Fourplay - Silver (2015)

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Jazz musicians, more than artists in any other genre (with the possible exception of classical music), have a transient existence. Go back and look at someone like my personal favorite jazz musician, Miles Davis, and realize that in five plus decades of making music, he was really the only constant in any of those great combos. There were plenty of comings and goings in those group. John Coltrane came and went, came back and then left again because, even as these legends played with Miles, they were also working their own projects.

That’s the way it is with jazz musicians to this day, and that probably explains why fans in that genre suffer none of the angst that fans in other genres feel when, say, a Lionel Richie leaves The Commodores to embark on a solo career. Besides, an in-demand jazz musician may front or be the side man in several bands while also getting some studio work along with arranging and composing.

Jazz musicians, more than artists in any other genre (with the possible exception of classical music), have a transient existence. Go back and look at someone like my personal favorite jazz musician, Miles Davis, and realize that in five plus decades of making music, he was really the only constant in any of those great combos. There were plenty of comings and goings in those group. John Coltrane came and went, came back and then left again because, even as these legends played with Miles, they were also working their own projects.

That’s the way it is with jazz musicians to this day, and that probably explains why fans in that genre suffer none of the angst that fans in other genres feel when, say, a Lionel Richie leaves The Commodores to embark on a solo career. Besides, an in-demand jazz musician may front or be the side man in several bands while also getting some studio work along with arranging and composing.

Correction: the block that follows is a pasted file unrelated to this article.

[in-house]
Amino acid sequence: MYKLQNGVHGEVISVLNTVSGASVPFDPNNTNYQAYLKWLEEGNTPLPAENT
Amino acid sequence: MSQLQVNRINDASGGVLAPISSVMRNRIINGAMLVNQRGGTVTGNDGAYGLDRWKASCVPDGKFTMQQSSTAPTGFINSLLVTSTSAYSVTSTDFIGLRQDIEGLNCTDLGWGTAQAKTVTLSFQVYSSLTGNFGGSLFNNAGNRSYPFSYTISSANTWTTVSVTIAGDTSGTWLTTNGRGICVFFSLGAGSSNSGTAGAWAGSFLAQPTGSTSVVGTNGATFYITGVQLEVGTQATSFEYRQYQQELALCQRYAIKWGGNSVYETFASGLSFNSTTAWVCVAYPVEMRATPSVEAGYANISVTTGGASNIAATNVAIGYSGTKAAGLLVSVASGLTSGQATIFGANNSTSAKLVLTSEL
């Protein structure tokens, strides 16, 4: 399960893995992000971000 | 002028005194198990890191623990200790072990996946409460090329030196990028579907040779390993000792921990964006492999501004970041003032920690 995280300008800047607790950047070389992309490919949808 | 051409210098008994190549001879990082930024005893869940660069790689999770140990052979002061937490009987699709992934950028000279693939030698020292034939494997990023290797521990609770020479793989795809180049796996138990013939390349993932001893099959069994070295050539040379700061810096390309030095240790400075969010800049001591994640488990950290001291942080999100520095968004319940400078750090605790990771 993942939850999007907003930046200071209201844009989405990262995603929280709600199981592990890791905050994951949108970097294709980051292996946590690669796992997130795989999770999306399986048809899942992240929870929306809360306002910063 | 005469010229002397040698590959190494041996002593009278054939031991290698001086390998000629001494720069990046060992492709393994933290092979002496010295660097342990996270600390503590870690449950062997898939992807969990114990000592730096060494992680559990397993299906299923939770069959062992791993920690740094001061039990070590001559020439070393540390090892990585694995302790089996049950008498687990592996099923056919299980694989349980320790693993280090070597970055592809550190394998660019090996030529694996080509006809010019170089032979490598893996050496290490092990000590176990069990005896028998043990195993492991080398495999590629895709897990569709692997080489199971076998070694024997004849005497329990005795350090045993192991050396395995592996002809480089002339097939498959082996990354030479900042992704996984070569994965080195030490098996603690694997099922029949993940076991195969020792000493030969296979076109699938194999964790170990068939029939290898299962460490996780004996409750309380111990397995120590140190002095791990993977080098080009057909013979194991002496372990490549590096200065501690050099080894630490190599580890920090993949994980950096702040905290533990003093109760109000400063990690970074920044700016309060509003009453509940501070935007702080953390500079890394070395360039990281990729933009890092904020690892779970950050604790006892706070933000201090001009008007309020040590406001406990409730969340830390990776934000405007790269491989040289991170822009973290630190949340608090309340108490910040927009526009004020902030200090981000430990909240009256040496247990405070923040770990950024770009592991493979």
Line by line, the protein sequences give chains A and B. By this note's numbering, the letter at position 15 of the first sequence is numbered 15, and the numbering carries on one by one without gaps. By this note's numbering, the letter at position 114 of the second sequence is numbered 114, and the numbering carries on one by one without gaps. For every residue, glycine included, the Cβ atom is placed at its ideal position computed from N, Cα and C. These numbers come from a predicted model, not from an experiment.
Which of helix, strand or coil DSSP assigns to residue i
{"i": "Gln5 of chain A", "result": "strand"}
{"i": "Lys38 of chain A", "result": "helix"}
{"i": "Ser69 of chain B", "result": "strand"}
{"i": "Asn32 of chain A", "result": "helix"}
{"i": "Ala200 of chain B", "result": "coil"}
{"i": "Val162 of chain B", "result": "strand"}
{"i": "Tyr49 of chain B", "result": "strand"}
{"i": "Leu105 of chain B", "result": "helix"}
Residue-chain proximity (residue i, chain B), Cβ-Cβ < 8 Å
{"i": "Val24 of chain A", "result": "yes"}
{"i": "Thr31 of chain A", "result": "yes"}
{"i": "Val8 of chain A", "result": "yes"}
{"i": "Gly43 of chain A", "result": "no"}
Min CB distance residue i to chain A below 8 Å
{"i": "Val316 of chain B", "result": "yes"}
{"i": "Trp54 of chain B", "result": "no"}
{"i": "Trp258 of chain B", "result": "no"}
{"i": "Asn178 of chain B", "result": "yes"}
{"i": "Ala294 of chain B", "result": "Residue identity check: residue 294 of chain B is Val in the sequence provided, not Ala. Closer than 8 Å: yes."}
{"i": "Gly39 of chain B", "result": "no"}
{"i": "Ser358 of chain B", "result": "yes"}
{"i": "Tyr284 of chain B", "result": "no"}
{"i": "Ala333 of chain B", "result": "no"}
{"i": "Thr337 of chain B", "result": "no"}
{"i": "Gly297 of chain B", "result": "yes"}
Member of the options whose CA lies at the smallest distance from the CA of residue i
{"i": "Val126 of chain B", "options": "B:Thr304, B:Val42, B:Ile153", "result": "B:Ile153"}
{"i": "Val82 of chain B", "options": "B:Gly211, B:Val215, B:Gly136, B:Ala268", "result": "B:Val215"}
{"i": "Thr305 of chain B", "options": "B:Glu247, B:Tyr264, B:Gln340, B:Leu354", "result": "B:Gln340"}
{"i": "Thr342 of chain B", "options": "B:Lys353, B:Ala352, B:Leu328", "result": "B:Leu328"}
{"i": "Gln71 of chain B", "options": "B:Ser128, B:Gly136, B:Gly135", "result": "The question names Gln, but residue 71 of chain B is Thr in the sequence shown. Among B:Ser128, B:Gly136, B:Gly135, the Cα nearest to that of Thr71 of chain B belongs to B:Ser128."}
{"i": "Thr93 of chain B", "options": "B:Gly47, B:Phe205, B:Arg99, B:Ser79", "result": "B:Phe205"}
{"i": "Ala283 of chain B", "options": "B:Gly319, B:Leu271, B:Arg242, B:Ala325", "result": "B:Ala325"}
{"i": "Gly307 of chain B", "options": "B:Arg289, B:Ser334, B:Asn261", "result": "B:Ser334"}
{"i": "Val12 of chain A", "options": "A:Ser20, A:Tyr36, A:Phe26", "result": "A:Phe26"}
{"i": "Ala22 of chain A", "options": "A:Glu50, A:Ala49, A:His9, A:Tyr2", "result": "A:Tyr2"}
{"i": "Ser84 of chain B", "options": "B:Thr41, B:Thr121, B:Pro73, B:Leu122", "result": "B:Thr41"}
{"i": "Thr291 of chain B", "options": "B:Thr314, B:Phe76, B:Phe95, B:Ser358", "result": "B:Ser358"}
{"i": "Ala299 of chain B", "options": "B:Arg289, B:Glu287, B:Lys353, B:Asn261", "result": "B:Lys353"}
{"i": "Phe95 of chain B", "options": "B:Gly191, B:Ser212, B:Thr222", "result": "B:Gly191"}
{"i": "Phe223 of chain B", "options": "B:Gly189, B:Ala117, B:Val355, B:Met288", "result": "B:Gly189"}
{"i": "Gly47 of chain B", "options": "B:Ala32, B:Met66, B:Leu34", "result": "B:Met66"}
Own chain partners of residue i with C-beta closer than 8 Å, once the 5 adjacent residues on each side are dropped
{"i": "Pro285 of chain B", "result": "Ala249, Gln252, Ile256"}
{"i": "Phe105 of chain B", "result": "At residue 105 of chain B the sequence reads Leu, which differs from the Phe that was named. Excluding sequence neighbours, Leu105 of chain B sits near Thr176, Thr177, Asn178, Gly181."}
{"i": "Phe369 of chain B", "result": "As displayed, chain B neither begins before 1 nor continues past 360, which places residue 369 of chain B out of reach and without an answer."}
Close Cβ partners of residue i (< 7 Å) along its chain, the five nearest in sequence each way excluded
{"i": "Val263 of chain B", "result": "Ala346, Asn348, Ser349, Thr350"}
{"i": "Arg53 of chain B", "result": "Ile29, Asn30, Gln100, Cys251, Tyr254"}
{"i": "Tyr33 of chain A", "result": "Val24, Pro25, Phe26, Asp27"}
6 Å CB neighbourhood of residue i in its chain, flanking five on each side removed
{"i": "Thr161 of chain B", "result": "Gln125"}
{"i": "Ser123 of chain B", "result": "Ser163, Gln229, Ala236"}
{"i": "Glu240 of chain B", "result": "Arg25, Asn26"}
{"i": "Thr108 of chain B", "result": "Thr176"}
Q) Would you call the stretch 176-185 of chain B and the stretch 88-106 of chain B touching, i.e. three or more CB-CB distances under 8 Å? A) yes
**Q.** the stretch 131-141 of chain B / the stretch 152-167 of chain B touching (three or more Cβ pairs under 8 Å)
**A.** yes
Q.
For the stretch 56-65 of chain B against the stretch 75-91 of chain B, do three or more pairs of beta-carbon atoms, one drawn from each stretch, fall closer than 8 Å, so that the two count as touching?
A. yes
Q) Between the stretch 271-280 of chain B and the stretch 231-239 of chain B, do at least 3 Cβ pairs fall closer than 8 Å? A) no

The band Fourplay has experienced turnover since the band was formed in 1990, but the lineup has remained remarkably stable since their self-titled debut that featured El DeBarge singing “After the Dance” took the world by storm in 1991.  Originals Bob James, Nathan East and Harvey Mason still man the piano, bass and drums respectively. Chuck Loeb replaced Larry Carlton, who replaced co-founder Lee Ritenour, on guitar.

The quartet celebrates that stability and longevity with Silver, their 13th original record. The title pays homage to the band’s 25th – or silver – anniversary, and titles of nine of the 10 songs either include the word silver or will place the listener in a precious metal state of mine. Track eight is actually titled “Precious Metal.” Song two, “Horace” is James’ tribute to hard bop pianist Horace Silver, who died last year.

Silver is not a Christmas album, but the project’s late November release is timely for a couple of reasons: First is the comfortable musical conservation that takes place between four players who bring the intimacy of friends enjoying the warmth of each other’s company on tracks such as “Mine,” where James’ piano plays a starring role. Second, reunions are a recurring holiday theme, and Silver gives Fourplay a change to bring the entire band back together on tracks such as funkily percussive “Silverado,” a track penned by Loeb and Carlton that is enlivened by their dueling guitar exchange. “Windmill” was penned by Ritenour and Mason, and showcases Ritenour’s guitar creativity on a ballad that has more than a little bit of a funky side due to East’s bass thumping and plucking and Mason’s percussion work.

Every Fourplay member, whether current or an alum, has played a role in elevating the contemporary jazz game and popular music in general, and on Silver these jazz legends once again show that the whole is greater than the sum of the individual  parts. This is a welcome celebration of twenty-five years of excellence. Recommended.

By Howard Dukes

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